I love the lapidary work of the stone artists I buy my cabs from. But I’m a rock picker at heart and I have a fondness of the raw rocks, stones, and gems that I find on my travels. I like the rawness of this chunk of leland glass and decided to show it off as is and paired it with some rough hammered rings. This is definitely a conversation piece.
LELAND BLUE (ANTIQUE FOUNDRY GLASS) c. 1875-1900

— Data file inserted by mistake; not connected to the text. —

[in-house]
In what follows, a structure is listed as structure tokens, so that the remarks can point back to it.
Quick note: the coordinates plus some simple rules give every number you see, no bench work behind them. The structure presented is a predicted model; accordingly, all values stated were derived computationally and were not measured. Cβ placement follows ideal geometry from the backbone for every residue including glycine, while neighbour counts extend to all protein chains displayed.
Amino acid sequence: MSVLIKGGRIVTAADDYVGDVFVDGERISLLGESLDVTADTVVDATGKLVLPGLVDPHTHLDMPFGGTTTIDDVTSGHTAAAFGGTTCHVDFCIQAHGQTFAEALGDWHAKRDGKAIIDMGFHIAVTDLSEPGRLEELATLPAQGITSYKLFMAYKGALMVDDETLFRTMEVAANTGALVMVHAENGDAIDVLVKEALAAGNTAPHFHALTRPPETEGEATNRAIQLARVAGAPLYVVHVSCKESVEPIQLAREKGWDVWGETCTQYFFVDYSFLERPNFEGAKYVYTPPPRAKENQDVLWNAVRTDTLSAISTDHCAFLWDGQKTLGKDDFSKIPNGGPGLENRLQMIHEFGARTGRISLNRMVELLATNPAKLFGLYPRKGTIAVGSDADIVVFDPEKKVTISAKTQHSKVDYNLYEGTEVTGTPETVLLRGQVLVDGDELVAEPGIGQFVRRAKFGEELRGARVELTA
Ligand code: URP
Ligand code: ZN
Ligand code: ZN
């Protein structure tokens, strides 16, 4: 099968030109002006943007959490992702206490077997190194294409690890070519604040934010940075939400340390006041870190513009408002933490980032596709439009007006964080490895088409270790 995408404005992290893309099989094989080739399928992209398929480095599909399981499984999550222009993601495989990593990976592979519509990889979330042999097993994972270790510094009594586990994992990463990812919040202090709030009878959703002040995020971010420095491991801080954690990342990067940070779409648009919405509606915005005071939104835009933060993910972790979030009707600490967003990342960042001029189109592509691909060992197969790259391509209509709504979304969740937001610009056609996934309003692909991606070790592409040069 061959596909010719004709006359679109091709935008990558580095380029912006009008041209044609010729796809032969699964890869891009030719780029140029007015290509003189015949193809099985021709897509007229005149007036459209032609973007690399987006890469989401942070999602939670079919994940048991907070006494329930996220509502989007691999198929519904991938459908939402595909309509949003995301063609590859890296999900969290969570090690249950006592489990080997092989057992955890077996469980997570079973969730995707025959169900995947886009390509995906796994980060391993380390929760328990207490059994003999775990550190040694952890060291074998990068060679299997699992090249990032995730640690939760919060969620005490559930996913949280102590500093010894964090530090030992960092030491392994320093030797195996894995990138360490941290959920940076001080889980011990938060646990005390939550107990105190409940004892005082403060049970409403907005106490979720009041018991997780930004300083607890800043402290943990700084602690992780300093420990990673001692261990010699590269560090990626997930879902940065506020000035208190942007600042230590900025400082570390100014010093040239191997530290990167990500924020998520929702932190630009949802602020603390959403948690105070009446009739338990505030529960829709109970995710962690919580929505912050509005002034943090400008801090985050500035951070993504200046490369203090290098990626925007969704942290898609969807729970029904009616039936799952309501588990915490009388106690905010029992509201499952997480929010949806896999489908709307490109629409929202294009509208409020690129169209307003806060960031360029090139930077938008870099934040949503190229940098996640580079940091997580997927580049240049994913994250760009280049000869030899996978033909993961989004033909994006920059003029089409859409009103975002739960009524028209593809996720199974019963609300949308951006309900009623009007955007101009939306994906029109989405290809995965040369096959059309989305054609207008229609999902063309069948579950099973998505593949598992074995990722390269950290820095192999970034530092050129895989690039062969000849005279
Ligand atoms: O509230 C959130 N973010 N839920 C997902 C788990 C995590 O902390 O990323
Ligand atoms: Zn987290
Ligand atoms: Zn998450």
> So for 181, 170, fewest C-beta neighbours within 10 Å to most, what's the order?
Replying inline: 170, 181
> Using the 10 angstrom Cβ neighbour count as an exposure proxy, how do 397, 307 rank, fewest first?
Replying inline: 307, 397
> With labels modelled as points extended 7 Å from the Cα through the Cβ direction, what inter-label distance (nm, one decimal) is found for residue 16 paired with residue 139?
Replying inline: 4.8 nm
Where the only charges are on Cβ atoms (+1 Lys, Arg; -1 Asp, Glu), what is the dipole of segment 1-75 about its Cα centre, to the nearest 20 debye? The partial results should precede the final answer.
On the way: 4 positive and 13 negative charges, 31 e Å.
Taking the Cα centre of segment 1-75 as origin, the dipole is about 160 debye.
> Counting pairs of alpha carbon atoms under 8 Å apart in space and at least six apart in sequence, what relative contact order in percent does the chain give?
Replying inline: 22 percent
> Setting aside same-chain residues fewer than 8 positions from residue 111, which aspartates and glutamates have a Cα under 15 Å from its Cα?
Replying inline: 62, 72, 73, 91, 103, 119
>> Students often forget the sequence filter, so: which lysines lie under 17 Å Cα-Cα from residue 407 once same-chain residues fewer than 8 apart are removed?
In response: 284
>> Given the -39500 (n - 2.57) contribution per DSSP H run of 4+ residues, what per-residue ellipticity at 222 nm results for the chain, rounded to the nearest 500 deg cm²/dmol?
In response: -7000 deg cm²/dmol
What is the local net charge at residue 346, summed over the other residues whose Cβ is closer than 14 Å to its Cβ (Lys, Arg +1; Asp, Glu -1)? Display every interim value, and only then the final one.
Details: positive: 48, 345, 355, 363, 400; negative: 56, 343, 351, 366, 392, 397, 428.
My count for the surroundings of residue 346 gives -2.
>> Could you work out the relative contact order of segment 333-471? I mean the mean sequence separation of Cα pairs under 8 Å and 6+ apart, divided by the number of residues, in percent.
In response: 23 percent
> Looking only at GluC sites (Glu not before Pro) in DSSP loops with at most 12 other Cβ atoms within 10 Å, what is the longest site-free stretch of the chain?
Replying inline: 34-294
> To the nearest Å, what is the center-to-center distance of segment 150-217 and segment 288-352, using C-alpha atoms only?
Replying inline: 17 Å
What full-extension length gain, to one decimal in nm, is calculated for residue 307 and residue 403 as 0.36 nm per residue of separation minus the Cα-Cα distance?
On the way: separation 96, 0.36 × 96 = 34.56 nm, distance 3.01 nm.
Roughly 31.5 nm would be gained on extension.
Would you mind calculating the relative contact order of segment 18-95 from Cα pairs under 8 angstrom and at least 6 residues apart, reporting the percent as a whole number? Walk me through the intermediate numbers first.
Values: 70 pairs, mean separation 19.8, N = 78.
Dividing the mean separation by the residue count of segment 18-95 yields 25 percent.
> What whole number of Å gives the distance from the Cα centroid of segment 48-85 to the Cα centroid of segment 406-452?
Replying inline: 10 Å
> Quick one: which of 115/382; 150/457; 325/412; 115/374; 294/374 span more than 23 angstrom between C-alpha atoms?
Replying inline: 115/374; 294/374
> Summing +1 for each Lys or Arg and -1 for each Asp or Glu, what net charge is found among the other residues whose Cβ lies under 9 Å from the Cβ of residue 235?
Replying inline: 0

This unique “gem” is a byproduct of the short-lived days of smelting iron ore in Northwest Lower Michigan. The ore from the Upper Peninsula’s Mesabi iron range arrived in Leelanau Co. by schooner. A charcoal made from beech and maple hardwoods plus a local limestone flux were used to refine the ore; the slag byproduct was considered waste and dumped into Lake Michigan. This material ranges in color from black to green, to blue and purple, with the various shades of water-like blues being the most prized and rare. Under 2% of the slag created was blue, depending on environmental factors. The lucky and determined beachcomber may still find pebbles along the shore.